Wednesday, May 5, 2010

No Knead French Bread

There has always been something deeply intimidating about baking bread. I don't know why, but bread seemed like some unattainable deliciousness to me (I was sure there must be some secret bread dance I was unaware of or something). I've always planned on trying my hand at bread making, but it was one of those things that kept getting put off. When I saw this recipe for no-knead bread at Honey & Jam though, I knew I finally had to give it a go.

And I am very glad I did.


For one, "no-knead" anything sounds pretty great to me. Plus this recipe only has four ingredients. And even though the recipe calls for a pizza stone, you can just as easily use a cast iron skillet.


The only thing I wasn't completely happy with was the slight flour-taste the inside of the loaf had. This could be because I'm just picky, but it could also be due to the face I used bleached flour (it's what I had on hand) instead of unbleached. The crust on these loaves is amazing though. I happened to get super sick the day after I made a loaf and there was nothing as comforting as a huge chunk of this crusty bread dipped into a bowl of top ramen.

Will I make this again? For sure.

No Knead French Bread


3 cups of lukewarm water
1 1/2 tablespoons active dry yeast
1 1/2 tablespoons coarse salt

6 1/2 cups unbleached all-purpose flour


1.In a 5-quart bowl, mix the yeast, water and salt. Add all the flour, then use a wooden spoon to mix until all ingredients are uniformly moist. It is not necessary to knead or continue mixing once the ingredients are uniformly moist. This will produce a loose and very wet dough.

2.Cover with a lid (not airtight). Allow the mixture to rise at room temperature until it begins to collapse, about 2 hours, but no more than 5 hours.

3. After rising, the dough can be baked immediately, or covered (non completely airtight) and refrigerated up to 14 days. To bake the bread, just grab a chunk of dough, about the size of a grapefruit. Dust your hands with flour to help prevent sticking, and gently pull the sides of the dough toward the bottom, rotating the dough, until you get a roundish shape with a smooth surface. The bottom of the loaf may appear to be a collection of bunched ends, but it will flatten out during resting and baking. Shaping the loaf this way should take no more than 1 minute.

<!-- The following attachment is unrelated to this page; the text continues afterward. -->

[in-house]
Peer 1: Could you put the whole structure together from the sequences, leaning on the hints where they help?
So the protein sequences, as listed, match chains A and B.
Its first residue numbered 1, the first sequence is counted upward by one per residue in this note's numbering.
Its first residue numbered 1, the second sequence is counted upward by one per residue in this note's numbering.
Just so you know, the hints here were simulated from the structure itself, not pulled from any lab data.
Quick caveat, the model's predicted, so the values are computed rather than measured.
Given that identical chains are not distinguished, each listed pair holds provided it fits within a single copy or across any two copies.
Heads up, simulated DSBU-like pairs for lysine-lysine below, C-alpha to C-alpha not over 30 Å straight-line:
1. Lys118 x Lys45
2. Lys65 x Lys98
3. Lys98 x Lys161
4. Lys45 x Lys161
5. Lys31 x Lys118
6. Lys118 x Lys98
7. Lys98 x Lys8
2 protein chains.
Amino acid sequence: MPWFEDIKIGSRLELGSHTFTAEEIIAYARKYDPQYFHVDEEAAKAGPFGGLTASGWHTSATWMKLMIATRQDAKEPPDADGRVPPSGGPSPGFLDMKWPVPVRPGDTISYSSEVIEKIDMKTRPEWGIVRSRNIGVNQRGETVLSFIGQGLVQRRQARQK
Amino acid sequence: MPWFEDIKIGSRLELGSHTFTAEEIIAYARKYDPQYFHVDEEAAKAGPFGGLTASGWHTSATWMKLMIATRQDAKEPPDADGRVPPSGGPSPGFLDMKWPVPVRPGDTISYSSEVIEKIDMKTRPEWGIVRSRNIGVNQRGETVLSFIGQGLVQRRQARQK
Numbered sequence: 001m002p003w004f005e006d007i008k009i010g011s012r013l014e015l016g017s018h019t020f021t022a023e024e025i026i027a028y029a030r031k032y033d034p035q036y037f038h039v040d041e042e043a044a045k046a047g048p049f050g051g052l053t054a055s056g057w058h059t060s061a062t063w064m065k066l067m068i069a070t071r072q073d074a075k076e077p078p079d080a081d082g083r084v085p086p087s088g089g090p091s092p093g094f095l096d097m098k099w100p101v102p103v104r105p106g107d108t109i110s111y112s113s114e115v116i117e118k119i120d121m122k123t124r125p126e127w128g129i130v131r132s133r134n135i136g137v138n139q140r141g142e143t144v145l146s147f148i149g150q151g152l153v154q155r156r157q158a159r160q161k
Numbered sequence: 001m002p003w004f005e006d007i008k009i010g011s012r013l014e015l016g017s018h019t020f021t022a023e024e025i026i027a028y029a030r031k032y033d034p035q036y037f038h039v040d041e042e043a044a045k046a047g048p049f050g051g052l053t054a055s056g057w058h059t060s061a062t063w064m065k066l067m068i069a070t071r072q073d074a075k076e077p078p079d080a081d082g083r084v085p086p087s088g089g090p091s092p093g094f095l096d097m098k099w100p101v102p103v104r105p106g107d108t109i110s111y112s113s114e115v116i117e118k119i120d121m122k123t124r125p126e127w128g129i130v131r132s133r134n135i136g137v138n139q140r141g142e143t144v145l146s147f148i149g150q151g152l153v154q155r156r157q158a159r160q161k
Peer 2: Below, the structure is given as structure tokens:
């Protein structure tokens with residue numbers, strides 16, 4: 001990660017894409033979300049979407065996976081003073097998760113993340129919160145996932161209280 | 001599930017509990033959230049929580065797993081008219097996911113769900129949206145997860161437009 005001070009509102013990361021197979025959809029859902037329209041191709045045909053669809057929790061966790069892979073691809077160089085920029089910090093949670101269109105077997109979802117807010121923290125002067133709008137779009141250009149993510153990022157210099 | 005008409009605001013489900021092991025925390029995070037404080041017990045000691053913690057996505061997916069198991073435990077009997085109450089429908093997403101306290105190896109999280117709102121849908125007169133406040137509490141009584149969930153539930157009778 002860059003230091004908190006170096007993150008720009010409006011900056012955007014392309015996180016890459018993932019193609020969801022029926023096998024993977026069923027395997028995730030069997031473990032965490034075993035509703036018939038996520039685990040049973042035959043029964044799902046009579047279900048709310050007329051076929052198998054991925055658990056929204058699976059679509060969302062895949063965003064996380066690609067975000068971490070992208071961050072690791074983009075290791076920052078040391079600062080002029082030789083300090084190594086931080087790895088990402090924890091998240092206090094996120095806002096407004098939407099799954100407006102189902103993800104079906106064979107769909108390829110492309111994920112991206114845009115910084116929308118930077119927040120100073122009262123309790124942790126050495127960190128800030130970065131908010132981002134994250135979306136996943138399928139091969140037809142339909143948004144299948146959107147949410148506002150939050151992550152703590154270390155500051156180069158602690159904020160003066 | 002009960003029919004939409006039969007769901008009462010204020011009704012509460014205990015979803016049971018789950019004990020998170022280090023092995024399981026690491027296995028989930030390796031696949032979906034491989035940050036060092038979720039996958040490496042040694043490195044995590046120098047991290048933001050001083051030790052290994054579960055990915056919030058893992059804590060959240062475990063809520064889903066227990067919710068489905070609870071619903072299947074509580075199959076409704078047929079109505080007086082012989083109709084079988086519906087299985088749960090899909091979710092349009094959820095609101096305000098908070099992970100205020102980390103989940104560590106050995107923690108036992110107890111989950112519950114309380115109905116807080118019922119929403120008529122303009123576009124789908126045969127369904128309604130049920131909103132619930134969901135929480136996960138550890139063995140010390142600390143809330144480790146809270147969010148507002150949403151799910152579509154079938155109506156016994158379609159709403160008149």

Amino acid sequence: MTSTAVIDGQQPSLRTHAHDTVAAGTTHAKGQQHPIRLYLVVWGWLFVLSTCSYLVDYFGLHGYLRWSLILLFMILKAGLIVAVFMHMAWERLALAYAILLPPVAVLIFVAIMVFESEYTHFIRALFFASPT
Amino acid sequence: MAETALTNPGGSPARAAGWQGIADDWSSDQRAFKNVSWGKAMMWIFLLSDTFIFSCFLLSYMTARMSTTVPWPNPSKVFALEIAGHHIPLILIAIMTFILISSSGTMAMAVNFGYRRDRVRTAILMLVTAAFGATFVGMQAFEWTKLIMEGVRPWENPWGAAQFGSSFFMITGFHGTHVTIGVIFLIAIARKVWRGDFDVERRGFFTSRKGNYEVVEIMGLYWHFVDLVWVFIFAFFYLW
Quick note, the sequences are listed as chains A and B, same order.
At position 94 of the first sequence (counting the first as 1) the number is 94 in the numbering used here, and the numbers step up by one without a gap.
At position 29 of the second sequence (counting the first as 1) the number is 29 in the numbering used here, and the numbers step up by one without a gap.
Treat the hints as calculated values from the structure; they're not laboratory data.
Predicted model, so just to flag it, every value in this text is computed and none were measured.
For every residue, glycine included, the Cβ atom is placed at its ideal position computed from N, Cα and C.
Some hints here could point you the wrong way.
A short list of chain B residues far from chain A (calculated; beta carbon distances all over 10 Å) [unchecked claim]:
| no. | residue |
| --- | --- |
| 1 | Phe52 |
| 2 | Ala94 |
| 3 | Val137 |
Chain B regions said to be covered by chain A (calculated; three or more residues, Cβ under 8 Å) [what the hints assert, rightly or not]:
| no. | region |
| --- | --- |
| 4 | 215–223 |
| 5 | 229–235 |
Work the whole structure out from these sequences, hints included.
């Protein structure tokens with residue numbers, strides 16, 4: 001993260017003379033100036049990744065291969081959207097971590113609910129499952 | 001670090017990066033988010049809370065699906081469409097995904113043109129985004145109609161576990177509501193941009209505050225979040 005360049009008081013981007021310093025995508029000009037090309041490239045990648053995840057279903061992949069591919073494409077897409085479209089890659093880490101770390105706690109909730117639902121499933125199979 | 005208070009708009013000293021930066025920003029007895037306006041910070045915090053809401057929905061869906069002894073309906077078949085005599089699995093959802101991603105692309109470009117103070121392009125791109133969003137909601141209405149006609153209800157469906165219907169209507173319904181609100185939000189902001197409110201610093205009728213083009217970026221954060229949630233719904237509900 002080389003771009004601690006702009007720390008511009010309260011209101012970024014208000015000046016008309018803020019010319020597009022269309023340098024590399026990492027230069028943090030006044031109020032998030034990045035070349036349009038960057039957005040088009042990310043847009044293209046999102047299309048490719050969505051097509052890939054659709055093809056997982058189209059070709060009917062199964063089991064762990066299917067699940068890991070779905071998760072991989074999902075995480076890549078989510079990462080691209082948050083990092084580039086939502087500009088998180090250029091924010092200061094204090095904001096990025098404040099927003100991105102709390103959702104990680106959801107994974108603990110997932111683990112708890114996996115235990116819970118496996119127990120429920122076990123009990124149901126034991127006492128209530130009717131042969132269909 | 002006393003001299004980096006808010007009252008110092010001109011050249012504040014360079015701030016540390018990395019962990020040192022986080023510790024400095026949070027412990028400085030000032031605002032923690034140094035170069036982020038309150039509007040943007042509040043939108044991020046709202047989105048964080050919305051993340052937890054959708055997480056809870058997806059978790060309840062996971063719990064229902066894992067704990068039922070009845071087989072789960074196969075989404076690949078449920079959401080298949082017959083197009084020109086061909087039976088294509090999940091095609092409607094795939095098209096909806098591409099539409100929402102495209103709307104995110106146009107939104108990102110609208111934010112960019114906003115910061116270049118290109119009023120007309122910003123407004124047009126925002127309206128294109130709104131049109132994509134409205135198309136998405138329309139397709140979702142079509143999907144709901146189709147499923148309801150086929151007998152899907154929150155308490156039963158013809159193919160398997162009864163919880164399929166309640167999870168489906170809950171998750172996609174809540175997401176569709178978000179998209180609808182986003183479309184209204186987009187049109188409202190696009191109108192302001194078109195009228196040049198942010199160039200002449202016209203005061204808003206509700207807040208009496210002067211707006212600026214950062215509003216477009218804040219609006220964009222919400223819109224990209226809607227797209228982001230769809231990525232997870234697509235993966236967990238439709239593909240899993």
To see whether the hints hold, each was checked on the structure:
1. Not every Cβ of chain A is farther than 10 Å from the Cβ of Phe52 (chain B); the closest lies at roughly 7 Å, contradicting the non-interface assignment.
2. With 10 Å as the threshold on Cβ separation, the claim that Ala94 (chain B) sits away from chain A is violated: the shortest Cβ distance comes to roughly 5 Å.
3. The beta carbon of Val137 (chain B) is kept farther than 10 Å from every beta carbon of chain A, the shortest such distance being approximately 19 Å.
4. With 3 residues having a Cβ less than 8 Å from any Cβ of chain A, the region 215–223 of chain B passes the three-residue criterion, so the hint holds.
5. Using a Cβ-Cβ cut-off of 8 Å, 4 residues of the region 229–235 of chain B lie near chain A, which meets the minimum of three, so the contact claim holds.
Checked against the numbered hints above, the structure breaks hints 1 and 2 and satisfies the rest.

4. Put it on a cutting board that’s been dusted with cornmeal to prevent sticking, and let it rest for at least 40 minutes. No need to cover it. If the dough has been refrigerated, it helps to let it rest a little more, until it’s no longer chilled.

5. Twenty minutes before you are ready to bake, put a cast iron skillet (or a pizza stone) in the middle rack of your oven, and put a broiler pan (or a cookie sheet) in the bottom rack. Preheat your oven to 450 degrees. Dust some flour on the top of your loaf, and slash the top, about 1/4-inch deep.

6. After twenty minutes of preheating, it’s time to bake. (You can put the bread in after 20 minutes, even if your oven hasn’t reached 450 degrees yet.) Slide the loaf onto the baking stone, and then quickly pour 1 cup of hot tap water into the broiler pan. Then quickly shut the oven door to keep the steam inside.

Bake for 30 to 40 minutes, until you get a nice brown crust. Remove and let cool completely, if you can wait that long.

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